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Tag Free: Information for school and community


By the end of Tag Free students will:

  • identify the community they are part of and develop pride in that community
  • understand the difference between graffiti vandalism and urban art
  • know the history of the graffiti culture and its value for its members
  • be able to describe some of the consequences of graffiti vandalism for all concerned
  • explore a range of alternative forms of expression, including urban art
  • develop respect for and pride in themselves
  • help change the attitudes of peers who do practise graffiti vandalism and help them make positive decisions about their need for recognition.

By the end of Tag Free parents and caregivers will have an increased awareness and understanding of graffiti vandalism and learn positive ways of managing it.

Local organisations and initiatives

In any area in New Zealand there will be a number of organisations, agencies and individuals working to help eradicate graffiti vandalism. These people can support teachers and schools as they implement Tag Free by:

  • invite guest speakers, for example to talk about the extent of graffiti in the local area
  • organise a panel to debate graffiti vandalism versus urban art
  • deliver programmes in schools about local clean-up activities
  • involve students in local clean-up projects
  • help set up Adopt-a-Spots, in which students take care of walkways, fences, and park facilities to keep them tag free
  • make students aware of what to do if they see a tagger, or know about someone who is tagging
  • provide information to students about the consequences of tagging
  • help students to create murals near their schools
  • assist schools with paint and materials for beautification projects.

School Community Officers, community constables and graffiti officers will be useful resources. Contact your local police station.

Your local council will be able to provide contact details of a range of groups that are working to eradicate graffiti vandalism in your area. These could include beautification trusts, graffiti officers and special graffiti projects.

A useful resource is How to STOP Graffiti Guide: A Practical Resource for Territorial Authorities, Schools, Businesses and Private Residents (PDF), by the Ministry of Justice.

Tag Free in your school

Tag Free has been designed as a unit of work to be implemented over a number of weeks with year 7-8 and year 9-10 students.

These resources should be used with regular classes. Gathering together a class of known or suspected taggers is not a productive way to run Tag Free.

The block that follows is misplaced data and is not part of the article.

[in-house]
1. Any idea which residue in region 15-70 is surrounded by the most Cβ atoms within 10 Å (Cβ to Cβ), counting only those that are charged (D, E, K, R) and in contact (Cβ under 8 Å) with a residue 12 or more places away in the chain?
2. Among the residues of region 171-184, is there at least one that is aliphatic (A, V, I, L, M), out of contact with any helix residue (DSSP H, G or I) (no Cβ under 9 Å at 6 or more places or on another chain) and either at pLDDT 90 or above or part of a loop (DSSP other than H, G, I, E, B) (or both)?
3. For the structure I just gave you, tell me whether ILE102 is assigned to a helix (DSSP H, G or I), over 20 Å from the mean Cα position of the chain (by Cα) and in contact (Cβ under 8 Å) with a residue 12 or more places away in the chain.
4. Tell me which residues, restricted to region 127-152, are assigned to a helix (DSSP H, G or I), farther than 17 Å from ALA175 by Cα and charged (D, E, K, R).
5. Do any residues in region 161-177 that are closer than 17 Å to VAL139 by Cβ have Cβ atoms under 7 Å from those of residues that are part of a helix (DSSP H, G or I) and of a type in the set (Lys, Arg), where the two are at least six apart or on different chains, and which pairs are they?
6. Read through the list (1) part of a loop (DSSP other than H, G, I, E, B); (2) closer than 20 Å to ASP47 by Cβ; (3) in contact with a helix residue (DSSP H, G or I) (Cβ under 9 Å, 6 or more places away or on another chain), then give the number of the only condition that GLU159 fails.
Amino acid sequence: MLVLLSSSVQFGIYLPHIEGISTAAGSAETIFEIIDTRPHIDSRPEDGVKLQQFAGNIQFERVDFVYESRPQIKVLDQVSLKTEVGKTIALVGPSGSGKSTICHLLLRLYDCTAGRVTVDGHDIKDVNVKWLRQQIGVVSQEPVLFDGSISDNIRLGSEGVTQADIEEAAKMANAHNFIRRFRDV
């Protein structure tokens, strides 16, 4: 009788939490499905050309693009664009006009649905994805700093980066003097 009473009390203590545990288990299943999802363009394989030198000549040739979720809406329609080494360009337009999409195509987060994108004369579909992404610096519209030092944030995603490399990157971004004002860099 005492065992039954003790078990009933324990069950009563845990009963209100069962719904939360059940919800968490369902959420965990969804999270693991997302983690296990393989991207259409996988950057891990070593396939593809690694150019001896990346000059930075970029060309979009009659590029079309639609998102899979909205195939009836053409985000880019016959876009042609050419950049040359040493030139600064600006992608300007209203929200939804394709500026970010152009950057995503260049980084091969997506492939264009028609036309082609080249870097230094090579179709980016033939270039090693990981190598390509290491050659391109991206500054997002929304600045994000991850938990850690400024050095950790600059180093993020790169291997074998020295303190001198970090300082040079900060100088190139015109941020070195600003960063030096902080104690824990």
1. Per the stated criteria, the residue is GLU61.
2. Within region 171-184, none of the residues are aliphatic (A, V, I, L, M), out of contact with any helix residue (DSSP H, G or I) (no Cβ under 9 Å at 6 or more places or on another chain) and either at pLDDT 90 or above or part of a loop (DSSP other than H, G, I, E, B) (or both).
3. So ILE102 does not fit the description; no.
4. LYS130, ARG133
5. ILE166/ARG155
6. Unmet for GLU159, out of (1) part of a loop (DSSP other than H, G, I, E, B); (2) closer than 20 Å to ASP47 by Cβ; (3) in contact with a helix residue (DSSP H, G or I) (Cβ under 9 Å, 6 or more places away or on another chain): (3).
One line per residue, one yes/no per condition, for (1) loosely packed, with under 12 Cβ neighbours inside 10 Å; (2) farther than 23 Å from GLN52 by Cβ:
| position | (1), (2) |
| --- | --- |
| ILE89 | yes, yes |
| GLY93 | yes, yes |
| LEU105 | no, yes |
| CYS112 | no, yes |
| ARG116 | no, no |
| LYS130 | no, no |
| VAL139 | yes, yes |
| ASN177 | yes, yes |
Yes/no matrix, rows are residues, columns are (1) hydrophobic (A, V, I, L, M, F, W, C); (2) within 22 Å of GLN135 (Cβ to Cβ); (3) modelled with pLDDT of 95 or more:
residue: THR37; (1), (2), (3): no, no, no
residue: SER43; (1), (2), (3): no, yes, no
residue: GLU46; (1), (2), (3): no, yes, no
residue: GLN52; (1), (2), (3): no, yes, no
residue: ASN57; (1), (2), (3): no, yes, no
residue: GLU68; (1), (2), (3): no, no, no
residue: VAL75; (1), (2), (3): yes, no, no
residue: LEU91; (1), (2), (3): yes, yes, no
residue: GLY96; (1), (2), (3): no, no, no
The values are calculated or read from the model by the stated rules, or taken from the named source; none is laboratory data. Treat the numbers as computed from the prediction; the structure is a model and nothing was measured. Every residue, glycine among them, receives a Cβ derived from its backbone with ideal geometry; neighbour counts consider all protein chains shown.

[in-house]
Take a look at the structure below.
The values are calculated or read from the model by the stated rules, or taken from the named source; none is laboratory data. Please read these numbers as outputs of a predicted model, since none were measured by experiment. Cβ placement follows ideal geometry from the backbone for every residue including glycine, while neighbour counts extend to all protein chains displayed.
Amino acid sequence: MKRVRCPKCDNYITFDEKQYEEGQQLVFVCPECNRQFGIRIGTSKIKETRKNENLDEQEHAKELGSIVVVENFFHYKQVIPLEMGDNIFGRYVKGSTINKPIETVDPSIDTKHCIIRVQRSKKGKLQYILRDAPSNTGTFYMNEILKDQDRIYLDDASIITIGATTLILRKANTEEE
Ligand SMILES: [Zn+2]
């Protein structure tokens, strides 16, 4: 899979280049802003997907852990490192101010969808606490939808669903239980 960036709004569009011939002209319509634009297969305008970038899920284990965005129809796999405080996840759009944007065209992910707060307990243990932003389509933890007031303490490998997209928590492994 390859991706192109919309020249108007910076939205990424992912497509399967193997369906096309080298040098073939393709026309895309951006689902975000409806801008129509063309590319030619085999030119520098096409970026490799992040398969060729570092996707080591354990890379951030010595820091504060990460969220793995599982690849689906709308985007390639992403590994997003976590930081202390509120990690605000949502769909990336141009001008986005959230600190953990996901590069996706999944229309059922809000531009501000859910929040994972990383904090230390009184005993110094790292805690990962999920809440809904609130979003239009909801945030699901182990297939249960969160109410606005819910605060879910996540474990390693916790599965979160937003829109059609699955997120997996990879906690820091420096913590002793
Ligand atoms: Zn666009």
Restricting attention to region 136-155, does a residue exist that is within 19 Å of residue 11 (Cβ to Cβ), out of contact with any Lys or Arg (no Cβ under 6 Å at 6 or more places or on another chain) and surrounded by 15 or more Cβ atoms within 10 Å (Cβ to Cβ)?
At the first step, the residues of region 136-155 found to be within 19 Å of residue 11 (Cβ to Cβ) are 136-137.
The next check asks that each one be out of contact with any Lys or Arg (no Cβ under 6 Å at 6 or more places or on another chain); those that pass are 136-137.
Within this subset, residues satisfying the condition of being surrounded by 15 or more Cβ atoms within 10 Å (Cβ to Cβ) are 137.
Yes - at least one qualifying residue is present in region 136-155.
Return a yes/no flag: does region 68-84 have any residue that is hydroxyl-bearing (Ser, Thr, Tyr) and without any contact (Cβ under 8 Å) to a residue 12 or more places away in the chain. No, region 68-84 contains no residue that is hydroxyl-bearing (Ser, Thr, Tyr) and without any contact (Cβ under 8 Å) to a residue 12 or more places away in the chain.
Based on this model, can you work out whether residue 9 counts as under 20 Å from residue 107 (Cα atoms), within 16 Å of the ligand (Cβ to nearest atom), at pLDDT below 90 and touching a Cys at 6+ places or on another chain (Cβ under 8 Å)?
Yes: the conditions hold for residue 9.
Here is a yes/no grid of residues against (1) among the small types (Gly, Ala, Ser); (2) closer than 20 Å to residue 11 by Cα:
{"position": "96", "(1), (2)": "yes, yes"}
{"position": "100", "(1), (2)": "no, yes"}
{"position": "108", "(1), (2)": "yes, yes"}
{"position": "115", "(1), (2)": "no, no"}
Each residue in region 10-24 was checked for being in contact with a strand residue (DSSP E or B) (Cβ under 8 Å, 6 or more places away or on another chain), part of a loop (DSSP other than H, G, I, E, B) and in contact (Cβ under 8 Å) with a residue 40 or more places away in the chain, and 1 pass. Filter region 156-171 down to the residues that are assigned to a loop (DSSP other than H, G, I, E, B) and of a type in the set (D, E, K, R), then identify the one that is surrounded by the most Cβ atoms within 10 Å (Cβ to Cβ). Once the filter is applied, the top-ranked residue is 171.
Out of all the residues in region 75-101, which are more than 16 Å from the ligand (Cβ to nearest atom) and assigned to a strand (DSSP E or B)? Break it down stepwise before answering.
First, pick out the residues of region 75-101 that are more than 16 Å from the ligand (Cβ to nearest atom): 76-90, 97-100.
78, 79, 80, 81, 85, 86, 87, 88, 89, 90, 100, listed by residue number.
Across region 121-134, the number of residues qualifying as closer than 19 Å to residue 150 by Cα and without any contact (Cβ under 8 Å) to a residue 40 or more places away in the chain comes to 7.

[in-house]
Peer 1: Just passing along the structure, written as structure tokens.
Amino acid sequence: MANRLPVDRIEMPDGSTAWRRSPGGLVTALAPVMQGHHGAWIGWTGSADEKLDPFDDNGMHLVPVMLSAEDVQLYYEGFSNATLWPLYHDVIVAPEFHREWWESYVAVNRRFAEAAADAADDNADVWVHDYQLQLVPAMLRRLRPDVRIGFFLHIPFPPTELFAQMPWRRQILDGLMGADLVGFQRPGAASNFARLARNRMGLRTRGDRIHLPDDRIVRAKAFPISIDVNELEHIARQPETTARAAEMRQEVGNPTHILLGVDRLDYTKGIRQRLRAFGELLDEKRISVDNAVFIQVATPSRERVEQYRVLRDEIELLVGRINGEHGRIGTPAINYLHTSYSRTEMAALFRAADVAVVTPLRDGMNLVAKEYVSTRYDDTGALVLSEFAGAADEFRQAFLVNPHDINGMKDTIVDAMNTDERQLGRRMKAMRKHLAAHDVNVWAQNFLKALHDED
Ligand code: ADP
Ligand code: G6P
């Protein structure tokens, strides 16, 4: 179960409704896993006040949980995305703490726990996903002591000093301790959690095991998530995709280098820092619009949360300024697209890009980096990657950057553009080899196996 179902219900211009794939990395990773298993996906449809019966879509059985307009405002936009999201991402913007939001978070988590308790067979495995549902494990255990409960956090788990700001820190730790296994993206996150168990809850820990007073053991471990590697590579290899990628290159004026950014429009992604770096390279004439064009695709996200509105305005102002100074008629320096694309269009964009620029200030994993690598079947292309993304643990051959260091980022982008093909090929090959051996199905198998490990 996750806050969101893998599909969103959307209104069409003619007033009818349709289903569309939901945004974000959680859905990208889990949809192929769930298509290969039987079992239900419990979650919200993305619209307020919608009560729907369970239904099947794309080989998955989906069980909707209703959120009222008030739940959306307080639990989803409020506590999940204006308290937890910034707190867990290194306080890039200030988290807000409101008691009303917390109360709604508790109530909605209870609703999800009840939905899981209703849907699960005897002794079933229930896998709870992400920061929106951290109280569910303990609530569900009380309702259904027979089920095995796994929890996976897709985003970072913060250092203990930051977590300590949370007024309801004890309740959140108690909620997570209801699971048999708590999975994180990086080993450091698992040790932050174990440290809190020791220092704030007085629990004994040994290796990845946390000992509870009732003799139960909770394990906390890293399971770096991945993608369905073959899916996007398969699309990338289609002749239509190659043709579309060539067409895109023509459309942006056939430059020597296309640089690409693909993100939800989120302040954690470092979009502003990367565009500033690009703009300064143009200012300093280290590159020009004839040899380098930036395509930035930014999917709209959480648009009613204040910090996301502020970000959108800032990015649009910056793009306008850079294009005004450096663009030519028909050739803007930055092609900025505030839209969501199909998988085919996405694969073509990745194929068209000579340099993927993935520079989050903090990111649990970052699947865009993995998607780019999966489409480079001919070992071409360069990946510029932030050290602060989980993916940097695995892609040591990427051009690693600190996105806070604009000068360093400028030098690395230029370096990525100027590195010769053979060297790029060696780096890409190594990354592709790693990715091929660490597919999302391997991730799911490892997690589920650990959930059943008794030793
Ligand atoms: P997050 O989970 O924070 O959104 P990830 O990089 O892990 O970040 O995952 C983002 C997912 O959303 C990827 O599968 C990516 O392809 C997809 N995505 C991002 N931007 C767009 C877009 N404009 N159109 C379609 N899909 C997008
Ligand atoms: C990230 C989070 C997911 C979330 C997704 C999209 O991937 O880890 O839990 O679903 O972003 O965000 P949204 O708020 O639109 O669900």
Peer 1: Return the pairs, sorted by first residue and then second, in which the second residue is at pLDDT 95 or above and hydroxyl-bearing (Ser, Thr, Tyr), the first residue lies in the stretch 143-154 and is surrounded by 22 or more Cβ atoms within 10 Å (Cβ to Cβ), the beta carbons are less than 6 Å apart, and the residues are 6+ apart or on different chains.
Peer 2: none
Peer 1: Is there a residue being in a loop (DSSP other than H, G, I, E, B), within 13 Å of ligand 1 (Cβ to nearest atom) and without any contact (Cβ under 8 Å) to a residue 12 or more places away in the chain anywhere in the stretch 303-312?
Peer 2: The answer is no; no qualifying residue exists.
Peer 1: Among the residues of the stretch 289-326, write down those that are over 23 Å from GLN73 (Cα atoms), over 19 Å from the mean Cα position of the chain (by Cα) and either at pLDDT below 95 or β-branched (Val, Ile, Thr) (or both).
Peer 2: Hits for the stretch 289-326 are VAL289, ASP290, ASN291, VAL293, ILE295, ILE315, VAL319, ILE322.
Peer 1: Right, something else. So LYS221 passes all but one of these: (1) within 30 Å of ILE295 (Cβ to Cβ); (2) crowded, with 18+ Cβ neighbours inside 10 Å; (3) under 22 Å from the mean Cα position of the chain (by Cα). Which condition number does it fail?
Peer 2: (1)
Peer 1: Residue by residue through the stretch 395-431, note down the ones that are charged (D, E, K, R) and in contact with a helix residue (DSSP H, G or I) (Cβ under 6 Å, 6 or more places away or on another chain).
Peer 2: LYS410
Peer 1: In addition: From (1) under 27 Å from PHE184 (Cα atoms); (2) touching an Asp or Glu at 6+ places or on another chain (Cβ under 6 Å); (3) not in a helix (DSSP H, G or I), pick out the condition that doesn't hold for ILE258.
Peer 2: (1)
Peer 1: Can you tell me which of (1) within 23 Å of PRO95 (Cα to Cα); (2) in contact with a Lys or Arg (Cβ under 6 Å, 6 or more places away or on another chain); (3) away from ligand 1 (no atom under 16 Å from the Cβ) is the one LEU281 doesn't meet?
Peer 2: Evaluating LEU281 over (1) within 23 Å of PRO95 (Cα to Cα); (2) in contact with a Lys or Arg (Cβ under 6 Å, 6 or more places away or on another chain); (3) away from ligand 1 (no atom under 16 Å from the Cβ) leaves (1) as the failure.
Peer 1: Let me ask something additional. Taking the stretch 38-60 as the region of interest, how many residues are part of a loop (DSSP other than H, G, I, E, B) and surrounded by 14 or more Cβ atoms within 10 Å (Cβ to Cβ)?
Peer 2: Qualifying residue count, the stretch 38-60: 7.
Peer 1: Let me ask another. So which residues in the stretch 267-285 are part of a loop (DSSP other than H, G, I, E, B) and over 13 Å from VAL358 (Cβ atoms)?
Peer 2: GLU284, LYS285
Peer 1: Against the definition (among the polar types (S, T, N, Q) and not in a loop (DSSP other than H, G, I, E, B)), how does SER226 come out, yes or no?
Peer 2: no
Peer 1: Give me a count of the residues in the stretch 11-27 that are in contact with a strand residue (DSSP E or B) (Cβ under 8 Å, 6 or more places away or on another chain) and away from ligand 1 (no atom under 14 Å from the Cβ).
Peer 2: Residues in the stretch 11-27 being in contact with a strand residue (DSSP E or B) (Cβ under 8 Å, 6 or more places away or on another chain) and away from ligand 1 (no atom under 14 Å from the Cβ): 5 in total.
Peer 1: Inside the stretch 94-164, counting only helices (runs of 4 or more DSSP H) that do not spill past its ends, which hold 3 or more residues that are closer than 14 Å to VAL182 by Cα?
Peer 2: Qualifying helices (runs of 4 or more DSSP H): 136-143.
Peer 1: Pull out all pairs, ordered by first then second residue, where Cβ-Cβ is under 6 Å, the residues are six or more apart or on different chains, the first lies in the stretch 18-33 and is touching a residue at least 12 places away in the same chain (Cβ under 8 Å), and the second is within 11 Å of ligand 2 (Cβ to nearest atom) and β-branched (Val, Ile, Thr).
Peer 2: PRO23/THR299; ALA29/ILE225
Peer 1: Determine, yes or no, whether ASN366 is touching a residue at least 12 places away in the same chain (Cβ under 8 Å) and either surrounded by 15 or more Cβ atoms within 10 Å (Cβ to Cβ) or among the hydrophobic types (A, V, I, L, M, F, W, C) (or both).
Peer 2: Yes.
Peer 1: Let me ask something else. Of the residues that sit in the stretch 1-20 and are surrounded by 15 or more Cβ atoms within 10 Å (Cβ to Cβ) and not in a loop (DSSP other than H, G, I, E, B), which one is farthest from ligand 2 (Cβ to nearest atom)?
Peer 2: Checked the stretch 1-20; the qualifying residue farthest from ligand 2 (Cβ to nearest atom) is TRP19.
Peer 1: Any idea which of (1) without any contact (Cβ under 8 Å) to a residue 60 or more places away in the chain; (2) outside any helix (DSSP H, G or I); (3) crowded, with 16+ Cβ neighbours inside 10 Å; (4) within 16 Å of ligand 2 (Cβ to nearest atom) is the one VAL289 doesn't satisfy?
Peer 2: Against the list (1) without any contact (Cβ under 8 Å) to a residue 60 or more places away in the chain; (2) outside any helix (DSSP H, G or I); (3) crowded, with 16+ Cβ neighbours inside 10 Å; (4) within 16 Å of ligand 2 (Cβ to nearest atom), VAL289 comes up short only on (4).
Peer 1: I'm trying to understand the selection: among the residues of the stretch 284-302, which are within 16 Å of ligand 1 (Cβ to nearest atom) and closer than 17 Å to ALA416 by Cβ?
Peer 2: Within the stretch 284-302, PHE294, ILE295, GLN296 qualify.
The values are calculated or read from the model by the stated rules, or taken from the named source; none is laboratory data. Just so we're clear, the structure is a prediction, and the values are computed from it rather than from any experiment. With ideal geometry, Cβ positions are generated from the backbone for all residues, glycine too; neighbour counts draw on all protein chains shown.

Tag Free fits well within the New Zealand Curriculum and can be used in two main ways:

1. As a Social Studies unit for the following achievement objectives:

  • Understand how people view and use places differently (Level 3)
  • Understand how people participate individually and collectively in response to community challenges (Level 4)
  • Understand how people’s management of resources impacts on the environment and social sustainability (Level 5)
  • Understand how individuals, groups and institutions work to promote social justice and human rights (Level 6)

2. As an integrated unit across the following curriculum areas:

  • Social Studies
  • The Arts – Drama, Visual Arts, Music, Dance
  • Health – People and the Environment
  • Technology – Planning for Practice.

Tag Free will assist students with the ongoing development of key competencies in particular managing self, relating to others and participating and contributing. It will help them to explore a range of values, especially community and participation and integrity.

Graffiti is not an issue that can be dealt with once and for all. In order to sustain improvements made as a result of Tag Free, the school must constantly reinforce the messages the programme gives.

Involving parents, caregivers and the Police

It is very important that parents and caregivers are informed that the school is about to implement Tag Free and that they are aware of the messages that the school is giving, so that they can reinforce them at home. Information could be included in the school newsletter or on the school website. There are opportunities for parents, caregivers and whānau to be involved in sessions – for example, being invited to come and view the students’ creative expressions and to join them in volunteer beautification schemes.

While the school takes ownership of implementing Tag Free, it will benefit if teachers work in a partnership with the local School Community Officer or Community Constable. The officer will be able to provide local information about the graffiti vandalism problem, answer students’ questions, especially about the law, and assist with the drama activities. To make sure that an officer will be available, contact the Police well before teaching is started and discuss with them why your school believes it needs to implement Tag Free.

Background information for teachers

This page includes:

  • What graffiti expression has meant in history
  • What graffiti expression means today
  • Illegal and legal art-forms
  • What can we do as a community?